The use of these advanced analytics tools to gather information on the customer, in conjunction with explainable predictive modeling, can provide you the means to identify and act on customers who are likely to leave. In practice, your customer manager would see a list of customers most likely to leave and could access a list of reasons as to why the customer was predicted to leave (ex. The customer's recent call mentioned “Customer Service” as an issue). The same principles can be applied to employee retention.

Why Retaining Customers For Banks Is As Important As Winning New Ones: https://www.forbes.com/sites/forbestechcouncil/2020/05/27/why-retaining-customers-for-banks-is-as-important-as-winning-new-ones/?sh=23309cb53f98

 

Personalized Marketing

Effective marketing is a blend of the right message, at the right time, in the right channel. Failure on any part greatly reduces the likelihood of the conversion of your marketing dollars. Personalized marketing means building 1-on-1 messaging for each possible customer. The message matters. For example, marketing loans for real estate listings to customers who do not have the means is a waste of money. The right time also matters. Is the customer intending to purchase the home now? If not, the bank can reduce the amount of awareness marketing to remain effective and top of mind. Equally, the place you market to the customer matters in their level of trust, interaction, and intent to act on the advertisement.

You can use data science across each of these three domains (message, time, and channel) to refocus marketing budgets to higher ROI opportunities. Messaging can be tested using A/B testing to determine which advertisements see the highest lift in ROI. Trends and forecasting can give you an indication of when advertisement campaigns should be prioritized. Again, A/B testing can tell you where the best channels for particular people are to increase the likelihood of success in conversion.

Utilizing Data Science & AI to Personalize the Customer Journey: https://www.zineone.com/blogdetails/powerful-personalization/

 

data science and predictive analytics in banking

Customer Lifetime Value (CLV)

Valuing customers beyond their expected return in the current year can help a bank prioritize marketing, focus efforts on communication, and reduce attrition of important clients. Customer lifetime valuing (CLV) is the art of anticipating the expected return of a customer for a set window of time. The purpose is to evaluate the expected interest, service fees, and investments your bank is expected to generate from any customer beyond their current value to the bank. CLV can be used as a metric to understand long-term health and guide strategy development in pursuit of growth.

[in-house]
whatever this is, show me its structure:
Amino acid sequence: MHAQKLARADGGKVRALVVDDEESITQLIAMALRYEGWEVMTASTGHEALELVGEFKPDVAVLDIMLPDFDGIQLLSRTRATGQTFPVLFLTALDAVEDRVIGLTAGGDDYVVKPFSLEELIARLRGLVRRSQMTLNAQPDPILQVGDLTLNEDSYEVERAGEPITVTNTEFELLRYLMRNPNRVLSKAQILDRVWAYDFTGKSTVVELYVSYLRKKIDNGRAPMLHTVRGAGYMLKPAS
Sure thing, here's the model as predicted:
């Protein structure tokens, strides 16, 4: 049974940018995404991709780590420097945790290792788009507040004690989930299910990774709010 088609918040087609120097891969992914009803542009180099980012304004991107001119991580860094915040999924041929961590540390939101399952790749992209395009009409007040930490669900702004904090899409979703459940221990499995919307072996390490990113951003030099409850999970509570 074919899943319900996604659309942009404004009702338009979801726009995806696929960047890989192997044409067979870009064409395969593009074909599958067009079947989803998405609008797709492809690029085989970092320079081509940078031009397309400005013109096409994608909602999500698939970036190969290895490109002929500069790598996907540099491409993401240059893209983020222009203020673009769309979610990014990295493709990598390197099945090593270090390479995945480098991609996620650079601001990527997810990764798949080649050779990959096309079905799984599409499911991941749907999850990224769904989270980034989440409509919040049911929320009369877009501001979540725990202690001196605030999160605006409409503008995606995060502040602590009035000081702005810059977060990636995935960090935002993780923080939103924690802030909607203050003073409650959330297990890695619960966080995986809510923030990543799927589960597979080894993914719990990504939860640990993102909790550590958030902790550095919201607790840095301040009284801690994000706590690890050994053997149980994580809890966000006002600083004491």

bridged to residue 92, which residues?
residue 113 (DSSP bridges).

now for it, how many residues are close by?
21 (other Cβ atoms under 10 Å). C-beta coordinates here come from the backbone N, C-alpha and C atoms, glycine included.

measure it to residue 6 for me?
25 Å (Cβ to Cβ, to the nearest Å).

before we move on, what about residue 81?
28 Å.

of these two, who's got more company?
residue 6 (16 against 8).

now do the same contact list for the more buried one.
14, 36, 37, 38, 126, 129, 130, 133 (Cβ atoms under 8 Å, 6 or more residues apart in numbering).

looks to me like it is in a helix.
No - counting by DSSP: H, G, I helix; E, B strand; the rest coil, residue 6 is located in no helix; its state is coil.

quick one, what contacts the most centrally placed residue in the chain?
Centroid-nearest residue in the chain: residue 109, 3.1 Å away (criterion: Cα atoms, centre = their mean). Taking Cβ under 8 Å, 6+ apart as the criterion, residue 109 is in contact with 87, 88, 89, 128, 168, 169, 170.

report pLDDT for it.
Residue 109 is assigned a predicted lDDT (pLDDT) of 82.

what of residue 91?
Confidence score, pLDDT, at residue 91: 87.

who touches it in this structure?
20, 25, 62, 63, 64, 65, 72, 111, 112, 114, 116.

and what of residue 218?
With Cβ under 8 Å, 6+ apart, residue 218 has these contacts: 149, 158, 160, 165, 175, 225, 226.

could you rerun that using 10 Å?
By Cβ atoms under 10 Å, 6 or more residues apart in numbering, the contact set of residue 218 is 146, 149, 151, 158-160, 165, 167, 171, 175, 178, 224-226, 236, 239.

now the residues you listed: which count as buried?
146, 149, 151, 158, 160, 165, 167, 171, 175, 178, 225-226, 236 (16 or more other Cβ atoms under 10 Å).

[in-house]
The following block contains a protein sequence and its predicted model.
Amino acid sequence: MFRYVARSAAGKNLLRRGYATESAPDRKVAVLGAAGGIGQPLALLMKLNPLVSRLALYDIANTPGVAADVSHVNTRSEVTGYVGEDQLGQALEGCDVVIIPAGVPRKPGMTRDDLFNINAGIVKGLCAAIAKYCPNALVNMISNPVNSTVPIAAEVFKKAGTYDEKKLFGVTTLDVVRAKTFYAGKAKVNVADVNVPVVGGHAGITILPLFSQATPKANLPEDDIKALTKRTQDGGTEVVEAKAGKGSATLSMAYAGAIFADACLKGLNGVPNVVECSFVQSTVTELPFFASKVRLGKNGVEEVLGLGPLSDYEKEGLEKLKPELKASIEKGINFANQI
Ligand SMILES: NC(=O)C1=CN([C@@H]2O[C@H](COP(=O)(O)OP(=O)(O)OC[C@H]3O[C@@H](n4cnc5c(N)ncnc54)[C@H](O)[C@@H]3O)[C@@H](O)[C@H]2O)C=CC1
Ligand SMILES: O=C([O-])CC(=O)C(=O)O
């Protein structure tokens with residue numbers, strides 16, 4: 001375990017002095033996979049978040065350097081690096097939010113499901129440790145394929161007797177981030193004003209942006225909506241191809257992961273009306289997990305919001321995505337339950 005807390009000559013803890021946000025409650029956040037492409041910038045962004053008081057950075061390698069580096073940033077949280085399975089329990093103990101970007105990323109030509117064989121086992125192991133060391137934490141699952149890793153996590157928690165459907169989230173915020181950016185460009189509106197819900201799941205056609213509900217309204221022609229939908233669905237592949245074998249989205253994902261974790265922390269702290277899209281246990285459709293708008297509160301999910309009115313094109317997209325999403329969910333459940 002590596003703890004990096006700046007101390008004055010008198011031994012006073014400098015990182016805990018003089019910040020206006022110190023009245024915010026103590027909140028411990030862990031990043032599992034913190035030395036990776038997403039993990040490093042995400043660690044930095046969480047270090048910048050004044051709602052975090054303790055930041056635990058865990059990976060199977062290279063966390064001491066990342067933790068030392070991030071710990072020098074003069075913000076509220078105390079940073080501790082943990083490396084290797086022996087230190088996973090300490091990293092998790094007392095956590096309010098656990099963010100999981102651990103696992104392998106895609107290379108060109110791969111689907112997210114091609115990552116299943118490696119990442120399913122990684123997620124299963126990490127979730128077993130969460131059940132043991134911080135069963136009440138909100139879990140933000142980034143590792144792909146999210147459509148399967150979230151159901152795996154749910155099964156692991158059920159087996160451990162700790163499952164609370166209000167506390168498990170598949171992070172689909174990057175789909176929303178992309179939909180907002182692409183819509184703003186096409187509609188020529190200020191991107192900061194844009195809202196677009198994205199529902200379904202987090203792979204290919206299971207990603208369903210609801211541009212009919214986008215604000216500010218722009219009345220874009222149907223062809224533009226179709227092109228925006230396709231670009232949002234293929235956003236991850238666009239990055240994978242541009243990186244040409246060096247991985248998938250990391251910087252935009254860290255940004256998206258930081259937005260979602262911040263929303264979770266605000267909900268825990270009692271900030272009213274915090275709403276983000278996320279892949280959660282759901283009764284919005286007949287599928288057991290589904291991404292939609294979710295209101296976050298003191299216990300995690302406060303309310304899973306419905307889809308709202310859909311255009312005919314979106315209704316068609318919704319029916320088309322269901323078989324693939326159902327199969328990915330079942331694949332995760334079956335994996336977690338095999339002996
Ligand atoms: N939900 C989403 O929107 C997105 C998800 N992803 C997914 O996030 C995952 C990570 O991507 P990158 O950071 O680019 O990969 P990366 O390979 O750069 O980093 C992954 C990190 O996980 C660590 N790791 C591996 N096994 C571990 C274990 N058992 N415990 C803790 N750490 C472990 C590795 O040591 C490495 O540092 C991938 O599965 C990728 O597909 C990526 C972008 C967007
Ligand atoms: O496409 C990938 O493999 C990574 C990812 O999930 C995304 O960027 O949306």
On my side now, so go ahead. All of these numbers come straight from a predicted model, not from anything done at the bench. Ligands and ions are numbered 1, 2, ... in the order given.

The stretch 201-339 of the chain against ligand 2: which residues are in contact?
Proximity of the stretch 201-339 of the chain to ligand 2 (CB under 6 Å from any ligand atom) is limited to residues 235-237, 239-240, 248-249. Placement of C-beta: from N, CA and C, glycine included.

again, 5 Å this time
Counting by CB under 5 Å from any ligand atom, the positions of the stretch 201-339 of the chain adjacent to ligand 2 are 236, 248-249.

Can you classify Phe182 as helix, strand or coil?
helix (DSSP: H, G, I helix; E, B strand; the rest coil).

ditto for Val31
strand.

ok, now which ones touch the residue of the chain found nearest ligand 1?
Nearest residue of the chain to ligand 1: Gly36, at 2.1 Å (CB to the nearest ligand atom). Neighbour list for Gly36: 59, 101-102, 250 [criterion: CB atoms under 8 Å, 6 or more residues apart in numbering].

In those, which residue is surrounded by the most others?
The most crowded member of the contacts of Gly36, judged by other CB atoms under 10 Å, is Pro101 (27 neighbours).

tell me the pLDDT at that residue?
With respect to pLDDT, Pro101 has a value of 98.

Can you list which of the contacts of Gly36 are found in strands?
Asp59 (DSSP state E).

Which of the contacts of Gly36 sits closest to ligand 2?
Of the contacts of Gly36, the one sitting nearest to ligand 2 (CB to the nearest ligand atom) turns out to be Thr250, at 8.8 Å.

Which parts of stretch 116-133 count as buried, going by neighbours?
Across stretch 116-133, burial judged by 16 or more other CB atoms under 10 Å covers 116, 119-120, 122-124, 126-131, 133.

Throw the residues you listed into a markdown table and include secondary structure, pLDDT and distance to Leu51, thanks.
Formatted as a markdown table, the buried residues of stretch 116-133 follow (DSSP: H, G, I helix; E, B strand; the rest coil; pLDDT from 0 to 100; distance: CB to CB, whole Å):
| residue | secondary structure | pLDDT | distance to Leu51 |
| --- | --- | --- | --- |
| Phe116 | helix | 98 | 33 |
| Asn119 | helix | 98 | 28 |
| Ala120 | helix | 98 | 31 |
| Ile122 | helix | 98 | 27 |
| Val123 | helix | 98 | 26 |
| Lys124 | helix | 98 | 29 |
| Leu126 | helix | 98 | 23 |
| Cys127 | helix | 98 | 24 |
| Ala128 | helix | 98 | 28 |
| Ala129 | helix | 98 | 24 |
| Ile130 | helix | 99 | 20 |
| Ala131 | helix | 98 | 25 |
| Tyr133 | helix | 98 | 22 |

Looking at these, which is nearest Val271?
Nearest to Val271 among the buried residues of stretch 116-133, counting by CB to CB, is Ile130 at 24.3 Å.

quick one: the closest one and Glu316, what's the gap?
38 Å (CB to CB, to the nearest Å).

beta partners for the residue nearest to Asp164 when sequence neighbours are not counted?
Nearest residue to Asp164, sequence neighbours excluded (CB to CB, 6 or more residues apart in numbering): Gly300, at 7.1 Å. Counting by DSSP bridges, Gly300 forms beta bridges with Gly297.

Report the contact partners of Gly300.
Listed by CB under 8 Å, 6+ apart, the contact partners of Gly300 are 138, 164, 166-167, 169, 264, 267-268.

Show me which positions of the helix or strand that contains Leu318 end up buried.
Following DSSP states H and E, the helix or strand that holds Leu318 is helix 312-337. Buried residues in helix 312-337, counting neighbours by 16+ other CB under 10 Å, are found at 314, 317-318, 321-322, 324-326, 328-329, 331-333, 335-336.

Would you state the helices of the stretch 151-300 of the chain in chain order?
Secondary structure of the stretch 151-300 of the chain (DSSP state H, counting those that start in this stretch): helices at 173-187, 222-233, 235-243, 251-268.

As you can imagine, reliably estimating a customer’s lifetime value is quite difficult. This difficulty arises when recognizing which behaviors or characteristics indicate the revenue growth of a customer, and it becomes even trickier to determine by how much. This task is impossibly difficult for humans, however, computers using regression models on historical behaviors and the characteristics of customers to estimate revenue at a future point in time can provide a reliable estimate. These methods are most accurate when your services and products have remained and will continue to remain constant for the foreseeable future.

 

Risk Modeling

Credit risk modeling is important in intervention with customers who may cause loss to the bank. However, risk modeling is not as simple as understanding the liquidity of the customer. For one, it is difficult to compare customers (ex. customers from different industries). The last thing you want to do is host premature sanctions on good customers causing them to move to competitors.

You can use explainable regression models to determine a probability of default (POD) based on credit reports, banking behavior, customer characteristics, and more. The probabilities are based on defaults of past customers. Explainability of the model is particularly useful in informing credit officers or relationship managers as to why one customer, similar to another, received a more risky score, better informing next steps to reduce the risk of the customer.

Credit Risk Analysis Models: https://corporatefinanceinstitute.com/resources/knowledge/credit/credit-risk-analysis-models/

 

Conclusion

Although this blog has reviewed a few high-level concepts and applications of data science in the banking industry, the opportunities are limitless. The foundation of a good model is almost always grounded by a question.

If you have questions, there is a high possibility that data science can be used to help facilitate your business!

 

Further Resources

Fraud and Anomaly Detection in Banking: https://pages.dataiku.com/hubfs/PDF/Success_Story/bnp-bgl-successstory-FINAL.pdf

Data Science for Banking and Financial Industry | Data Science Careers in 2020 | Edureka: https://www.youtube.com/watch?v=JLVOXXP4ePk

Leda Braga: Data science and its role in investment strategy: https://www.youtube.com/watch?v=9WDO8sqiy_Y

Machine Learning in Banking – Opportunities, Risks, Use Cases: https://www.datasciencecentral.com/profiles/blogs/machine-learning-in-banking-opportunities-risks-use-cases